Measurement error as an endogeneity problem

· by Brian S. Anderson · Read in about 2 min · (319 words) ·

A substantial portion of entrepreneurship research employs latent constructs—unobserved variables measured with psychometric or other indicators meant to capture an underlying, but unobservable, latent phenomenon. Because we do not observe the latent construct directly, we represent the variance in the latent construct (\(\xi\)) as a function of the assumed true score (\(\lambda\)), and random and systematic error (\(\delta\)):


Measurement error will always introduce bias into effect size estimates. Substituting this equation for \(x\) in a regression equation yields:


Multiplying out and rearranging yields:


As is clear from the last equsion, the estimate of \(\beta\) will always be inconsistent so long as r,s does not equal zero. We can think of measurement error then as another form of endogeneity.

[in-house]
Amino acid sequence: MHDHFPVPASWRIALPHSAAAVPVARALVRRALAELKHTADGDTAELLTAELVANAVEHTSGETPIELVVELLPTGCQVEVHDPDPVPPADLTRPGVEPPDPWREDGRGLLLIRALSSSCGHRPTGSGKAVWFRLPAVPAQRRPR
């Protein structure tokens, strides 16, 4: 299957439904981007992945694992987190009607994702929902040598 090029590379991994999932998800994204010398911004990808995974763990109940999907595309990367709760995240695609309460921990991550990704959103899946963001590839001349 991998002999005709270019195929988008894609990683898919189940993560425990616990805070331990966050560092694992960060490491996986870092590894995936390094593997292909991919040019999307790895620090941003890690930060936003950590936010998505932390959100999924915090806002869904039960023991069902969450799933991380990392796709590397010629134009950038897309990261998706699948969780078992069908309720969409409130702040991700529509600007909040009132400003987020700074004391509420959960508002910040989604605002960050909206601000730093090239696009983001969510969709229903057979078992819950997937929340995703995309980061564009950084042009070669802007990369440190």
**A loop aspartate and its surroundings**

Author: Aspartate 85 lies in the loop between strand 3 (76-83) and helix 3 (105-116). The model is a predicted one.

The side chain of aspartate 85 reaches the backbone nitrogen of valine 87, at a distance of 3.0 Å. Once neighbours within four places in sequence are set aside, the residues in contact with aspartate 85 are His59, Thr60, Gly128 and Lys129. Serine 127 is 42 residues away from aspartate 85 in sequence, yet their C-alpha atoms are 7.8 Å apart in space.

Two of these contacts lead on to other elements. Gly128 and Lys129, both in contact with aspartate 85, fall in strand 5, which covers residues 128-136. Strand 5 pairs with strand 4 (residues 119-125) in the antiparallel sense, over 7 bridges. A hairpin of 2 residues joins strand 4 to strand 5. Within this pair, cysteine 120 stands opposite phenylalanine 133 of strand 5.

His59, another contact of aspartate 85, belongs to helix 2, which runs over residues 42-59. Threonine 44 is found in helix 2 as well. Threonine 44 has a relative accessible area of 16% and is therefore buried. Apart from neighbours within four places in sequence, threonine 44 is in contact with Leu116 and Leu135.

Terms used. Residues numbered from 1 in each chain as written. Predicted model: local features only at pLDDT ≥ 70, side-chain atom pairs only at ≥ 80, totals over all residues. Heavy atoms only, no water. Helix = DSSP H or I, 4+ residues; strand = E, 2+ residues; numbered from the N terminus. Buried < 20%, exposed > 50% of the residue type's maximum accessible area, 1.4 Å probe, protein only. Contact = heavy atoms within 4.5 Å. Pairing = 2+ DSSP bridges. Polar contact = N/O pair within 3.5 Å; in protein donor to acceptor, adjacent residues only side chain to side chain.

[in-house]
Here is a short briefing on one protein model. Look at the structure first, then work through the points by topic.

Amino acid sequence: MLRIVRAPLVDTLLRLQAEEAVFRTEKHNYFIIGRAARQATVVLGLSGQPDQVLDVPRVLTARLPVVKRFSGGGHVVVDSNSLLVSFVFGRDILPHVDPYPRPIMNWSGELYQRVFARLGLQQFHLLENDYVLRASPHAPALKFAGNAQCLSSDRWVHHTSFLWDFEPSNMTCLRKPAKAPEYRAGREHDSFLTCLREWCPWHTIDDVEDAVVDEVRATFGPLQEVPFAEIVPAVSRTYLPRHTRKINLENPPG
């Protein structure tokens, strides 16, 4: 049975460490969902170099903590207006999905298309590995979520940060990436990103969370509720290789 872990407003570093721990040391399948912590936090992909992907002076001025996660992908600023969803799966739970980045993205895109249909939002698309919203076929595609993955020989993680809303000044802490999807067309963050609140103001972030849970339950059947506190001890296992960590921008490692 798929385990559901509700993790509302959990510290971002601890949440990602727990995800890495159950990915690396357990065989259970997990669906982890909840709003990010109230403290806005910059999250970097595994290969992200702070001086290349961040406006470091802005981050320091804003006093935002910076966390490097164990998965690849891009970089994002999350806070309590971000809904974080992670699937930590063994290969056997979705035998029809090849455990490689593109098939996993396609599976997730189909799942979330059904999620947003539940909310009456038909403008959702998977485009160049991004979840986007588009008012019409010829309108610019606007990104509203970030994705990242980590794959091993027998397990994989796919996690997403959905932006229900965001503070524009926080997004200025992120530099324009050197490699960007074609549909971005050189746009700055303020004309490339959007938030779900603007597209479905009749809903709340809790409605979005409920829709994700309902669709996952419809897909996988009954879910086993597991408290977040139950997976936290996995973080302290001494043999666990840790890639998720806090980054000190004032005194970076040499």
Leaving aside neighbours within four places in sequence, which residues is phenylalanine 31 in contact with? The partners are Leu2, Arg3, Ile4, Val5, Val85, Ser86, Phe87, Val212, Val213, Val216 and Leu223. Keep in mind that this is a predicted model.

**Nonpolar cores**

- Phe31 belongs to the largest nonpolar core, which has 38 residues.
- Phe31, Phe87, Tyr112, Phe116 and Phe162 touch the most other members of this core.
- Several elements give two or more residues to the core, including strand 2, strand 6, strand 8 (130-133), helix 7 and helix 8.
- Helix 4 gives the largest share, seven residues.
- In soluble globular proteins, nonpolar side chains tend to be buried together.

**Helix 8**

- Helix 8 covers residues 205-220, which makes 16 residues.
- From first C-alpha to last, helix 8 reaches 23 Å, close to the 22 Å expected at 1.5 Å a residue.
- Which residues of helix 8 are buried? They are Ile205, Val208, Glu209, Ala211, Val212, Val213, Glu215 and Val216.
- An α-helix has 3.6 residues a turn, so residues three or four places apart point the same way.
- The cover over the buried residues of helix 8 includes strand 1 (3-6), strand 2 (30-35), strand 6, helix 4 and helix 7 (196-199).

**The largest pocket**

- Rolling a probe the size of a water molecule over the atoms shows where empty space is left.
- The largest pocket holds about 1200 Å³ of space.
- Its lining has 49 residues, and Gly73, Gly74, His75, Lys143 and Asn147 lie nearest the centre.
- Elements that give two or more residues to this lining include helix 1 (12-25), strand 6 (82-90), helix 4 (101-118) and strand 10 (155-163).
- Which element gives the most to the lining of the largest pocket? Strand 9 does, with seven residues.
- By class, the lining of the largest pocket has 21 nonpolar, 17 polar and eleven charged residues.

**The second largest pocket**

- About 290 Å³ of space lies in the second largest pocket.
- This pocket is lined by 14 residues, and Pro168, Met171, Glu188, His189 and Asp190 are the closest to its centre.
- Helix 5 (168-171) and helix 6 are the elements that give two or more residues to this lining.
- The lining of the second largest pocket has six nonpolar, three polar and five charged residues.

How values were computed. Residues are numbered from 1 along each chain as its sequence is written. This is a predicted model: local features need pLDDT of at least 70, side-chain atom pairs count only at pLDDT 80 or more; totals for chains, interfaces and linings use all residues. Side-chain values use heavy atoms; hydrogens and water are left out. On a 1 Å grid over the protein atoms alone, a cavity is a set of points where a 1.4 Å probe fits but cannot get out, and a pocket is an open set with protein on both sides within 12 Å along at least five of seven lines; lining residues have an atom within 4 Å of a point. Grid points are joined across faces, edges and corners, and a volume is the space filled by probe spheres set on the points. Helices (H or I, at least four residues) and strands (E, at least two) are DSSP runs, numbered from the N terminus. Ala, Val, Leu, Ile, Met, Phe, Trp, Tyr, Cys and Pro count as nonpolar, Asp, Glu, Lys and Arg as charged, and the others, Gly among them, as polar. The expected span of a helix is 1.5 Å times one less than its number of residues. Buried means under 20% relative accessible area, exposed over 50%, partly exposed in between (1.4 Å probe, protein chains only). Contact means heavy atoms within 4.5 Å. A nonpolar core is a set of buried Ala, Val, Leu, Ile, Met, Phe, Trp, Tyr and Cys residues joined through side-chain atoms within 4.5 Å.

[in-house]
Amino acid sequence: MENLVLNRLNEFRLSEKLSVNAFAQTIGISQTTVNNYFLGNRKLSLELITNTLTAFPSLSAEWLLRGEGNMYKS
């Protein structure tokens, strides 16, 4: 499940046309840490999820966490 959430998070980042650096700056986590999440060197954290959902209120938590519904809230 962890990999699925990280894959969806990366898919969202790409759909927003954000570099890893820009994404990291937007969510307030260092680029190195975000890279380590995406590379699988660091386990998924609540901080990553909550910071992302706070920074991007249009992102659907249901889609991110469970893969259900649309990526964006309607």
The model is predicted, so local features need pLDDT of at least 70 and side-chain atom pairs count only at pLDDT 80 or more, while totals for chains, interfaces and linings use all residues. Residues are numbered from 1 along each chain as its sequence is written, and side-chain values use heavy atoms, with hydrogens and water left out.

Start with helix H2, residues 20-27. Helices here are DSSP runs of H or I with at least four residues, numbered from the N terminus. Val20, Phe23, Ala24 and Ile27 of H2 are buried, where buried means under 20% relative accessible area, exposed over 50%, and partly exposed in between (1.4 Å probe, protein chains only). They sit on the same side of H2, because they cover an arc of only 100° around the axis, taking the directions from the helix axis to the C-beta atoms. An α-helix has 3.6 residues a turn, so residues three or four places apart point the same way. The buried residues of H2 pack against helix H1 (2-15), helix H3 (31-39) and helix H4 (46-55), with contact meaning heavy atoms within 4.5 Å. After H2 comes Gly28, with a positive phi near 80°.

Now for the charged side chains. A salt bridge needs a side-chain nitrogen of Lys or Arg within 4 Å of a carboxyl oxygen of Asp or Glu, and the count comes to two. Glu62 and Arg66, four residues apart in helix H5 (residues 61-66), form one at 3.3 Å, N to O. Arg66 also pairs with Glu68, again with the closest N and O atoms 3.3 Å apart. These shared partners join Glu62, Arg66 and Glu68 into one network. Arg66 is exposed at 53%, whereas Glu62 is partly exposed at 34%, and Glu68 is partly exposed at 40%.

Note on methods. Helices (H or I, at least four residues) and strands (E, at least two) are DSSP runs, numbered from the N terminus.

Researchers often assess the impact of measurement error by evaluating the reliability of the construct’s indicators; Cronbach’s alpha for example. The assumption being that we infer validity—that the latent construct captures the phenomenon of interest—through reliability. But higher reliability only implies lower measurement error and hence validity, because validity itself is not observable in a latent construct. Further, even highly reliable constructs still retain some measurement error, leading to inconsistent parameter estimates.

If the researcher collapses the indicators into a single summed or mean-scaled score, he or she assumes that measurement error equals zero (r,s= 0). The reality for these models, however, is that r,s can never equal zero, and so measurement error in the latent variable manifests as endogeneity.

The most effective approach for dealing with measurement error in latent constructs is to model the error and adjust the effect size of accordingly. This is what structural equation modeling accomplishes, and it is by far the most robust and effective method for latent constructs. Errors-in-variable regression is another technique, although assumes constant error variance across all indicators. The 2SLS approach, however, is another effective technique to address endogeneity stemming from measurement error, but that’s for another post!